In typical prior art arrangements an electromagnetic exciter and piezoelectric force gage are employed to perform such measurements and studies. The electromagnetic exciter usually consists of a large permanent magnet which is attached to an electrical coil assembly by a suspension system capable of supporting the static weight of the magnet. The coil assembly is rigidly attached to one side of the piezoelectric force gage, and the whole assembly is rigidly bolted to the specimen. An alternating current thru the coil sets up an oscillating force field which causes the permanent magnet to act as a reaction mass exerting the force thru the force gage to the specimen.

However, in such prior art arrangements the physical size of the force gage causes anomalies to occur which are not easily or readily detectable. For example, the force gage acts as an additional mass load on the specimen and causes large shifts in the natural resonant frequencies of the specimen. The force gage also locally stiflens the specimen causing errors in natural resonances and in mode shapes. Further, the pyhsical dimensions of the force gage also make necessary the application of force a finite distance away from the specimen of the force gage.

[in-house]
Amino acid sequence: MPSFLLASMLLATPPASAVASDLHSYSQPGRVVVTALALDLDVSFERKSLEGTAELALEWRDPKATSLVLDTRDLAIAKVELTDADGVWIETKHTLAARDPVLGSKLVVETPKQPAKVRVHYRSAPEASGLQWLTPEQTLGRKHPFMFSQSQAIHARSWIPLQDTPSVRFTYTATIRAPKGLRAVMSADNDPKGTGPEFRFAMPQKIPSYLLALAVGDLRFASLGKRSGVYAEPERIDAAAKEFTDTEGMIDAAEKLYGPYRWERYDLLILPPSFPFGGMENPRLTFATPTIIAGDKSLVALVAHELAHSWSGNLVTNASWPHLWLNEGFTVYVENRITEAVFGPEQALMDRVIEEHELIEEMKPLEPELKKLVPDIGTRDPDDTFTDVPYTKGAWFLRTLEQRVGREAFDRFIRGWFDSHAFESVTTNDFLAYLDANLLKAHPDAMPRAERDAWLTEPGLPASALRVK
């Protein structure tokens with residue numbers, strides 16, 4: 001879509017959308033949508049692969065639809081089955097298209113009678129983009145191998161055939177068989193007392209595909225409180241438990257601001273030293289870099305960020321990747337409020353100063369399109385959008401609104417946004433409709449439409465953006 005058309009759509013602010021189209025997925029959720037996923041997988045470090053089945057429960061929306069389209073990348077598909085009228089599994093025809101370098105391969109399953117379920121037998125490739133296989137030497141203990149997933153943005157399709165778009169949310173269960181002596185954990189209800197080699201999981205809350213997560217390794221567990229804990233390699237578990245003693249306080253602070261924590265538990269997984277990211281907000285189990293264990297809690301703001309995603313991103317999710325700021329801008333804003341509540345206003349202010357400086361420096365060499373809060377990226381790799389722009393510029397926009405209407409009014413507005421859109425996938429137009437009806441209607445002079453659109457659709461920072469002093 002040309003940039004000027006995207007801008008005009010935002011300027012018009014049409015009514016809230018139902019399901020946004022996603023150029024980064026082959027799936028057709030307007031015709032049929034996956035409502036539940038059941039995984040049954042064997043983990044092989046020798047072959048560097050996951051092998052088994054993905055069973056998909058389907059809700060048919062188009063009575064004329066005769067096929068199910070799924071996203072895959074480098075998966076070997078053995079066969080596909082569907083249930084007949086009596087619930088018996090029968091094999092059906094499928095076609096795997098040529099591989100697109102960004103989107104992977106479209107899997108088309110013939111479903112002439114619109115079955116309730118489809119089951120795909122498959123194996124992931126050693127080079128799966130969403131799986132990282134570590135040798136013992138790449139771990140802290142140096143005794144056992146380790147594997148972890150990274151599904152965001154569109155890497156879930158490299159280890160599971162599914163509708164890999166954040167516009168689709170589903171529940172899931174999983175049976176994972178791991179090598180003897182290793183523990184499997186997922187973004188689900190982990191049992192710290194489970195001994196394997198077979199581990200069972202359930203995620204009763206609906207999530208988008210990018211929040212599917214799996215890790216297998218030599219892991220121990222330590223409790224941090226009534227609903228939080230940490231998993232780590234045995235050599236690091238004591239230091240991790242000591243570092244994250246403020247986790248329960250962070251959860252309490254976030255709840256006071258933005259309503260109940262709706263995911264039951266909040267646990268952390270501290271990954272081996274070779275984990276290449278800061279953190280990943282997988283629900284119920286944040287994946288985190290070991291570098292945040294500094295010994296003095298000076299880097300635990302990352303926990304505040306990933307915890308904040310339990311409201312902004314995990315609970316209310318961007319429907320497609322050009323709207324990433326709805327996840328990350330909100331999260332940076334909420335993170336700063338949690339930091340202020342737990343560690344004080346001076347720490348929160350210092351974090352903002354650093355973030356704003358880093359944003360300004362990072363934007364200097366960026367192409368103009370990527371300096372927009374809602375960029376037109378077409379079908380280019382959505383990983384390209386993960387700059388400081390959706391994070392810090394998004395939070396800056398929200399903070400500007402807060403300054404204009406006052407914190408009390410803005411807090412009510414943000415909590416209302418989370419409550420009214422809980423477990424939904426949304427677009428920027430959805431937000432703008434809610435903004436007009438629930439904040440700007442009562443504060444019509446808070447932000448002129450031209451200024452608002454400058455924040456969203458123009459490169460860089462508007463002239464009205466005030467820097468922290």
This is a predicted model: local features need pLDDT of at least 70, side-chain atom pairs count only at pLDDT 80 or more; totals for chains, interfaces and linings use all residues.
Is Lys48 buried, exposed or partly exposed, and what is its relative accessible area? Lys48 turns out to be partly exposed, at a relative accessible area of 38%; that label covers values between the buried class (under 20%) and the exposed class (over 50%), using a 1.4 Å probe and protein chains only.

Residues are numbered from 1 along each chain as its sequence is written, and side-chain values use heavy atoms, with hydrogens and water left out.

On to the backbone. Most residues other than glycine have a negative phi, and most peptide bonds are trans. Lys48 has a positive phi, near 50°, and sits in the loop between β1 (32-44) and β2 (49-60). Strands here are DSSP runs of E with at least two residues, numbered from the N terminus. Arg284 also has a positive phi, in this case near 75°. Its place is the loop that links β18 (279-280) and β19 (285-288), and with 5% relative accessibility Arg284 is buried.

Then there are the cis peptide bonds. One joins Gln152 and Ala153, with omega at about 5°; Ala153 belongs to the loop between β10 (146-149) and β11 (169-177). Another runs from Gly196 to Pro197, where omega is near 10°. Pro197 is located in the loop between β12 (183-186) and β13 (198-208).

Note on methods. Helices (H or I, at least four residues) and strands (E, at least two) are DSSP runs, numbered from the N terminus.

Also the nature of force gages, piezoelectric or otherwise, are such that though they can be accurately calibrated under controlled conditions, i.e., unidirectional dynamic loading through the axis of the gage causing a simple stress field to exist in the sensing element (i.e., a compressional stress field), these idealized conditions rarely exist in measuring the vibrational characteristics of real specimens. Asymmetries and inhomogeneities of the specimen cause a complex stress field to exist in the sensing element and the electrical signal from the gage is in reality a superposition of signals: not only that due to the simple stress field that existed in calibration (say compressional) but also shear and flexural stresses which cause an erroneous interpretation of the resulting signal.

Another disadvantage in prior methods is that the suspension system supporting the permanent magnet offers unascertainable mechanical constraints to the specimen when the driven portion of the specimen tends to sway or rotate according to the normal modal configuration of the specimen.